Powers of appointment are useful estate planning tools that allow the grantor of the power to choose someone they trust to instruct the fiduciary in control of the assets to redirect the distribution of the assets from their estate or trust. This distribution can take place many years after the grantor’s death.
However, not all powers of appointment work the same way. They can have different durations and tax implications, and the laws governing them vary from state to state. Read on to learn the answers to the top tax questions about powers of appointment.
Types of Powers of Appointment
Powers of appointment have different tax implications depending on whether they are general or limited.
Aside from the exceptions provided by Internal Revenue Code (IRC) § 2041(b)(1), a power of appointment is general if the powerholder can appoint assets to one or more of the following: themselves, their estate, their creditors, or the creditors of their estate. The powerholder must pay estate tax if the value of the gift exceeds their remaining estate exemption amount.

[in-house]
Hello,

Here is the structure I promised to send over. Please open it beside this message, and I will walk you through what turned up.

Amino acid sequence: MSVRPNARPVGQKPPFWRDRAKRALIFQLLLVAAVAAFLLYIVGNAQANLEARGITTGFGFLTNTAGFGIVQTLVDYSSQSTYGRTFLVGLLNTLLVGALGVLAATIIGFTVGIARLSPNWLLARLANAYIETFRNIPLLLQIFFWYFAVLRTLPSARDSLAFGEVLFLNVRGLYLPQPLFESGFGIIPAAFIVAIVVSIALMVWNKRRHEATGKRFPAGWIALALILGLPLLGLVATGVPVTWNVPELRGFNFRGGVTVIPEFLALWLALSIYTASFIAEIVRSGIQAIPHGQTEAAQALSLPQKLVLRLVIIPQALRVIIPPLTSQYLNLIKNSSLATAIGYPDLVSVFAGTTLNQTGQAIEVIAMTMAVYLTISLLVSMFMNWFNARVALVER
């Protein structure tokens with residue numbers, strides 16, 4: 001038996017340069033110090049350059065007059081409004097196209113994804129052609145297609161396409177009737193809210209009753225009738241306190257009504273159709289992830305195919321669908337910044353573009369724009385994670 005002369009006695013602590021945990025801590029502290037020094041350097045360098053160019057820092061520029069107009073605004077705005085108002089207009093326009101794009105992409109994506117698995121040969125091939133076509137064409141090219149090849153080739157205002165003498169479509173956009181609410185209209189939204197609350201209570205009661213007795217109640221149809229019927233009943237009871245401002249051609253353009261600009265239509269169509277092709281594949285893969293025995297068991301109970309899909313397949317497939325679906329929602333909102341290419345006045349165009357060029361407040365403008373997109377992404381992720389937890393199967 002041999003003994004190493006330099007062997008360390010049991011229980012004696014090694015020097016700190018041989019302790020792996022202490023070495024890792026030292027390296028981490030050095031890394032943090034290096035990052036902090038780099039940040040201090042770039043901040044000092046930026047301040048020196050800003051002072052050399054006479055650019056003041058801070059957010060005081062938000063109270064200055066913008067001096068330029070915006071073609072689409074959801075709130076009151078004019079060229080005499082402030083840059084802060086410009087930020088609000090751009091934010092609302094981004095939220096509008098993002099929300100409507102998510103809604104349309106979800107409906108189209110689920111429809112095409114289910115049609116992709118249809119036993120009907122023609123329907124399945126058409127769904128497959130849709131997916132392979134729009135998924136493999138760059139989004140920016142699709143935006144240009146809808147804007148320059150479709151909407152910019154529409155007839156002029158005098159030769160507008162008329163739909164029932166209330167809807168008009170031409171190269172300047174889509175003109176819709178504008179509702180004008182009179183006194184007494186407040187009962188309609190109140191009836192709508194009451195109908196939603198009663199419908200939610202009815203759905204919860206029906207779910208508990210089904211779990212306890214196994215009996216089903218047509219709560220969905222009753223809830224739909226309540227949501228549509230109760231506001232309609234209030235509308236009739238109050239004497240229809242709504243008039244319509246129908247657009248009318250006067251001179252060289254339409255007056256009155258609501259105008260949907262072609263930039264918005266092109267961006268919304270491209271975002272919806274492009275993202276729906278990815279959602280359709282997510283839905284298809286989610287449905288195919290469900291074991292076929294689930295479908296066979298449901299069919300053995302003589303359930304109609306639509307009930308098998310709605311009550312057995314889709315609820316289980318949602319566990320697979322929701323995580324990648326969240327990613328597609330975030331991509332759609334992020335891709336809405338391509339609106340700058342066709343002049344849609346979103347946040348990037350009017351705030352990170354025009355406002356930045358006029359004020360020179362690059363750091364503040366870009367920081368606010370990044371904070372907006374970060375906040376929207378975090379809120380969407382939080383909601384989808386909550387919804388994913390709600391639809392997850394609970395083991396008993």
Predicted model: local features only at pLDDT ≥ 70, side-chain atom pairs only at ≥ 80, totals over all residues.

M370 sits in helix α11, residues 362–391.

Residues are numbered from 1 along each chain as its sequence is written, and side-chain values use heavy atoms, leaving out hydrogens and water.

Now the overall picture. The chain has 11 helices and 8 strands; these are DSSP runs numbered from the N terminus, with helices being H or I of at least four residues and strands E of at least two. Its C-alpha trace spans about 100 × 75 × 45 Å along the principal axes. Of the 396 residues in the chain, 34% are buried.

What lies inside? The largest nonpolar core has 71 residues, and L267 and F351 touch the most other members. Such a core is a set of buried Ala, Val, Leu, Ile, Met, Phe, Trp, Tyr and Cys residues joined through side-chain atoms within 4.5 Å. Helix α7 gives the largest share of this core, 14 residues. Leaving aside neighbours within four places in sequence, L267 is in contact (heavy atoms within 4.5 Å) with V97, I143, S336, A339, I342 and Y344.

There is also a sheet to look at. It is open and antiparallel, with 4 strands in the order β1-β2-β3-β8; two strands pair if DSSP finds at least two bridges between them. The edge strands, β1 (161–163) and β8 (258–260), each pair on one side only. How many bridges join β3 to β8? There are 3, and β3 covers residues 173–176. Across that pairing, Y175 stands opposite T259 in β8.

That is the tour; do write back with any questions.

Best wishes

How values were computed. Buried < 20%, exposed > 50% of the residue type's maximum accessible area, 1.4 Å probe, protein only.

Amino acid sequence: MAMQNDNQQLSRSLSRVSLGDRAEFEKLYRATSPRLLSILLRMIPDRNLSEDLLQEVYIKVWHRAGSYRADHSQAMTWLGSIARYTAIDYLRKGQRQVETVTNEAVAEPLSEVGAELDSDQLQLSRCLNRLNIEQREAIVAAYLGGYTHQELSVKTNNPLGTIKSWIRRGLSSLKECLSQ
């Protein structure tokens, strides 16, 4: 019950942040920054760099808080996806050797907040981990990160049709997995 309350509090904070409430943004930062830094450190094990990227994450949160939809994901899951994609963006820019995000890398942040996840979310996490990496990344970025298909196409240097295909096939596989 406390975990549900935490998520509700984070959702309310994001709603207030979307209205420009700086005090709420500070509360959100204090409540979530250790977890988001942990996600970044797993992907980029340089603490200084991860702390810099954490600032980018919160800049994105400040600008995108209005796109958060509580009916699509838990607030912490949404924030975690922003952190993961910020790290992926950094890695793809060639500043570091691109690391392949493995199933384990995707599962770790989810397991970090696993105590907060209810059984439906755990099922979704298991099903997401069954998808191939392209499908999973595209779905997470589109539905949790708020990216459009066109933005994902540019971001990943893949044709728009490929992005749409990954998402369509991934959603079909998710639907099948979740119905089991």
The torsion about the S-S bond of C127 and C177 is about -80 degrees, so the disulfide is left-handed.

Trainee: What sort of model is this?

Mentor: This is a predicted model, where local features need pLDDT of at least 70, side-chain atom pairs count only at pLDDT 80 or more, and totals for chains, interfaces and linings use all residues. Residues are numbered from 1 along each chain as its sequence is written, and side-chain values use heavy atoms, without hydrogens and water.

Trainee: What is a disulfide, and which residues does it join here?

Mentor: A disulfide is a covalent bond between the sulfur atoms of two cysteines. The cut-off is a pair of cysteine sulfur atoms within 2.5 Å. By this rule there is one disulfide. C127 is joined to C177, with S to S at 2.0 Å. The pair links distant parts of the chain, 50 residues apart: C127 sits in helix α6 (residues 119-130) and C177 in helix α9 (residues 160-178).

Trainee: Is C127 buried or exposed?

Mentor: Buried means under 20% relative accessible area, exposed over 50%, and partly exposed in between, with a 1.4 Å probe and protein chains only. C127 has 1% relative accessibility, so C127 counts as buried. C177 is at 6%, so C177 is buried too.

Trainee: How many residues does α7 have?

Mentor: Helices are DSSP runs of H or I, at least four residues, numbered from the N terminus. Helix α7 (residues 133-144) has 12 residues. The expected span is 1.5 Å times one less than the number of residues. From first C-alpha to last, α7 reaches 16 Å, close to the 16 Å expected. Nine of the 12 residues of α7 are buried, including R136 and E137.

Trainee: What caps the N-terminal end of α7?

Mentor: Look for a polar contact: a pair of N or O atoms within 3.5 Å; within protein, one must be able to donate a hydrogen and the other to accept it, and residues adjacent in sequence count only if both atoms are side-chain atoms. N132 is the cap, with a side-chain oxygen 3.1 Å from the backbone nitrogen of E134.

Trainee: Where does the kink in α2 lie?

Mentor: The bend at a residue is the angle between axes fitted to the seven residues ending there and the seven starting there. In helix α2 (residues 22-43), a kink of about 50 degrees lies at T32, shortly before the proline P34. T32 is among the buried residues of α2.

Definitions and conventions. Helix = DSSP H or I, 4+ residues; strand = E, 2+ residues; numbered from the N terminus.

In addition, when the powerholder dies, the assets receive a basis adjustment. That means the heirs may not have to pay significant capital gains tax when they eventually sell the assets.
A limited power of appointment, also known as a special power of appointment, is any power of appointment that is not a general power of appointment. For example, the HEMS standard is a limitation on a power of appointment because it allows assets to be distributed only for the health, education, maintenance, and support of a beneficiary, and I.R.C. § 2041(b)(1)(A) expressly states that a power that is limited to the HEMS standard is not deemed a general power of appointment.
A non-grantor beneficiary holding a limited power of appointment does not own the assets and does not owe estate tax on them. Also, generally, the assets do not receive a basis adjustment because the assets are not includible in the powerholder’s gross estate for estate tax purposes.
General and limited powers of appointment can fall under the category of testamentary powers of appointment, which are exercised in the powerholder’s will, trust, or other written instrument. The terms specify how the assets subject to the power must be distributed upon the powerholder’s death.
The opposite of a testamentary power of appointment is a lifetime power of appointment, with which the powerholder must exercise the power while they are still alive.